A targeted reactivation of latent HIV-1 using an activator vector in patient samples from acute infection.

Jamie F S Mann, Joshua Pankrac, Katja Klein, Paul F McKay, Deborah F L King, Richard Gibson, Chanuka N Wijewardhana, Rahul Pawa, Jodi Meyerowitz, Yong Gao, David H Canaday, Mariano Avino, Art F Y Poon, Caroline Foster, Sarah Fidler, Robin J Shattock, Eric J Arts, EBioMedicine 59, 102853 (2020)


During combined anti-retroviral treatment, a latent HIV reservoir persists within resting memory CD4 T cells that initiates viral recrudescence upon treatment interruption. Strategies for HIV-1 cure have largely focused on latency reversing agents (LRAs) capable of reactivating and eliminating this viral reservoir. Previously investigated LRAs have largely failed to achieve a robust latency reversal sufficient for reduction of latent HIV pool or the potential of virus-free remission in the absence of treatment.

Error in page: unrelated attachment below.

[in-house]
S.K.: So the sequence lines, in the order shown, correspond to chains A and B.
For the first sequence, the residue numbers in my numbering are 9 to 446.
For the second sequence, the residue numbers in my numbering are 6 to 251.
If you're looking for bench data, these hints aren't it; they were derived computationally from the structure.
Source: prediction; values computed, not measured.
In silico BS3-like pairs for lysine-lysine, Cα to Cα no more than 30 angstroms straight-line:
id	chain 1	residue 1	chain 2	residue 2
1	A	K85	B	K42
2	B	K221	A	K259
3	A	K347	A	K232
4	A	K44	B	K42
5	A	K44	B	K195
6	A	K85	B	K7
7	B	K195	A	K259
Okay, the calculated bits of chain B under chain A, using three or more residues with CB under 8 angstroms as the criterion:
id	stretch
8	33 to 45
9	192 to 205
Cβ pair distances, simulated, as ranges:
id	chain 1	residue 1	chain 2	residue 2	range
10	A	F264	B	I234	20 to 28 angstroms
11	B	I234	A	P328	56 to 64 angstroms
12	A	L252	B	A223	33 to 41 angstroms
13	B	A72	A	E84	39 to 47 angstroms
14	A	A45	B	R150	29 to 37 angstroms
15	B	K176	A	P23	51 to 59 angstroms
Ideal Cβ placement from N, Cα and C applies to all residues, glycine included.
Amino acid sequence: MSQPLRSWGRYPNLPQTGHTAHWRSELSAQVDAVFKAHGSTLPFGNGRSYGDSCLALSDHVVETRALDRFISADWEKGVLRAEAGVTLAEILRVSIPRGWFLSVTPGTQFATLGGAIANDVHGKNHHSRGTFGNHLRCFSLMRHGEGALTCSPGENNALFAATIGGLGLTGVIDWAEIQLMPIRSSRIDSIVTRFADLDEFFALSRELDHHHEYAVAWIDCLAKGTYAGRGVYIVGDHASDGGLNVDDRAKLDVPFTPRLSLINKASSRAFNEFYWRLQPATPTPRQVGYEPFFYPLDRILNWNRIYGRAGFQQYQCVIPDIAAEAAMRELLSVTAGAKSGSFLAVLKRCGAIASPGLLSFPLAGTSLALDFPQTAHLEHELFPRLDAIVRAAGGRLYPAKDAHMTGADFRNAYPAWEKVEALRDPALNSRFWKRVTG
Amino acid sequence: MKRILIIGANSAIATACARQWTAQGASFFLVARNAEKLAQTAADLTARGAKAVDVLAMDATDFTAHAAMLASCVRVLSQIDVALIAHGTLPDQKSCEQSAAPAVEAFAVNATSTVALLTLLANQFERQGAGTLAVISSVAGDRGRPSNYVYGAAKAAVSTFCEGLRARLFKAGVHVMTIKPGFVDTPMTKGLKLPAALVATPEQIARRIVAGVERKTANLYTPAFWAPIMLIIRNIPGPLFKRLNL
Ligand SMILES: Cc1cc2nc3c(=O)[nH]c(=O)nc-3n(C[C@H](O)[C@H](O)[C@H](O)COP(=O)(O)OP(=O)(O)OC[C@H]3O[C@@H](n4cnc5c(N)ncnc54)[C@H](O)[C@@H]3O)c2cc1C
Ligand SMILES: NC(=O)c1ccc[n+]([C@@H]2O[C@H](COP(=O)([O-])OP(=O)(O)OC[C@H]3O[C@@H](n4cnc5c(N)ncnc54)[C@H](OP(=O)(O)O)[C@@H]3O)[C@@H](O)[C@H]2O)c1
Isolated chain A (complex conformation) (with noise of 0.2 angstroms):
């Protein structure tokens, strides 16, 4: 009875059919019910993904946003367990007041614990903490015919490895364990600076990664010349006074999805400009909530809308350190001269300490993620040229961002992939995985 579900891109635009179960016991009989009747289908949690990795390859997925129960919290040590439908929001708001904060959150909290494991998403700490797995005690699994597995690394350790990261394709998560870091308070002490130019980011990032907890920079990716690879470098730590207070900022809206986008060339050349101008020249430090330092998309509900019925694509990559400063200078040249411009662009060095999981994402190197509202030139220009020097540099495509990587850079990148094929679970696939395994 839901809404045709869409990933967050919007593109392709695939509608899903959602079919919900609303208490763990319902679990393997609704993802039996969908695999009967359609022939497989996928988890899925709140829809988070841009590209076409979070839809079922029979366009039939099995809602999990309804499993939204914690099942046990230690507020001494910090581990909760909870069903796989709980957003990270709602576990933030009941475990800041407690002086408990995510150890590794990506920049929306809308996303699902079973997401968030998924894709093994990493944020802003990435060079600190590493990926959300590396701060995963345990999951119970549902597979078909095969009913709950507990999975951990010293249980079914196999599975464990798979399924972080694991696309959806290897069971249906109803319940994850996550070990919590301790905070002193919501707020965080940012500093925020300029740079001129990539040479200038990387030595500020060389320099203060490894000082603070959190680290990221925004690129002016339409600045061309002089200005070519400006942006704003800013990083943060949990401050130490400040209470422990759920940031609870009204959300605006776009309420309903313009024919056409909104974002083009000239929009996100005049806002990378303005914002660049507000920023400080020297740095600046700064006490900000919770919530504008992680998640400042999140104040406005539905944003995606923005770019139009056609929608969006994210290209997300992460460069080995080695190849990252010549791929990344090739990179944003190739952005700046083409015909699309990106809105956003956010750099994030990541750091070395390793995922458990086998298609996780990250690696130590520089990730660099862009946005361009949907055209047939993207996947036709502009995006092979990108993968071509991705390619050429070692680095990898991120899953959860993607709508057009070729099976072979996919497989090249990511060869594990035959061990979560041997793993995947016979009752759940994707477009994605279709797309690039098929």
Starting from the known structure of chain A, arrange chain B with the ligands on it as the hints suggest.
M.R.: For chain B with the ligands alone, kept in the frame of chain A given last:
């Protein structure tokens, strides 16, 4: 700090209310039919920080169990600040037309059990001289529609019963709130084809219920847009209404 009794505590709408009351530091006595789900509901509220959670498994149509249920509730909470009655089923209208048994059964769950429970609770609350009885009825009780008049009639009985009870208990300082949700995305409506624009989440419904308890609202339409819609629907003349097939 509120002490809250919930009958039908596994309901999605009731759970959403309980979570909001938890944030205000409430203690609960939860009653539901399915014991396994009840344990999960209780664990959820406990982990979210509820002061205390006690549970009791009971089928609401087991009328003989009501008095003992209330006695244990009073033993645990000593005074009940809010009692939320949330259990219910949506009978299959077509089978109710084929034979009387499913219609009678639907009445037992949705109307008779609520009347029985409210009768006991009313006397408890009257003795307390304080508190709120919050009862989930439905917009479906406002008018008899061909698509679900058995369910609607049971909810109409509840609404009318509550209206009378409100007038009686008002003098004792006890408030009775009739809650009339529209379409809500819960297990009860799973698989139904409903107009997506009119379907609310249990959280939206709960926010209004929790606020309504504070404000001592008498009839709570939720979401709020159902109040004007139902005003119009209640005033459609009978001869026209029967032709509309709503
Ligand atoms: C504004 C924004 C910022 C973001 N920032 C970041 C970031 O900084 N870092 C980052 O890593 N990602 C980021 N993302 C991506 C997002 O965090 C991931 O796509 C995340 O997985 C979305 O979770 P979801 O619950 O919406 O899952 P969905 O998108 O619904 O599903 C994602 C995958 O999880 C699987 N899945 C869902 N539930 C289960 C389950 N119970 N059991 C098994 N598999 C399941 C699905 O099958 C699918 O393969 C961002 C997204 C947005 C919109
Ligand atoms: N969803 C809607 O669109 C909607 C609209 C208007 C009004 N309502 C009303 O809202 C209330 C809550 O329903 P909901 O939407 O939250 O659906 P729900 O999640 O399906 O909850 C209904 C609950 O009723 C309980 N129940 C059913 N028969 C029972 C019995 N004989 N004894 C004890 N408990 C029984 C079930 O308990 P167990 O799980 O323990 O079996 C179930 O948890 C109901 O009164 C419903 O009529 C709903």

We utilize a polyvalent virus-like particle (VLP) formulation called Activator Vector (ACT-VEC) to ‘shock’ provirus into transcriptional activity. Ex vivo co-culture experiments were used to evaluate the efficacy of ACT-VEC in relation to other LRAs in individuals diagnosed and treated during the acute stage of infection. IFN-γ ELISpot, qRT-PCR and Illumina MiSeq were used to evaluate antigenicity, latency reversal, and diversity of induced virus respectively.

Using samples from HIV+ patients diagnosed and treated at acute/early infection, we demonstrate that ACT-VEC can reverse latency in HIV infected CD4 T cells to a greater extent than other major recall antigens as stimuli or even mitogens such as PMA/Iono. Furthermore, ACT-VEC activates more latent HIV-1 than clinically tested HDAC inhibitors or protein kinase C agonists.

Taken together, these results show that ACT-VEC can induce HIV reactivation from latently infected CD4 T cells collected from participants on first line combined antiretroviral therapy for at least two years after being diagnosed and treated at acute/early stage of infection. These findings could provide guidance to possible targeted cure strategies and treatments.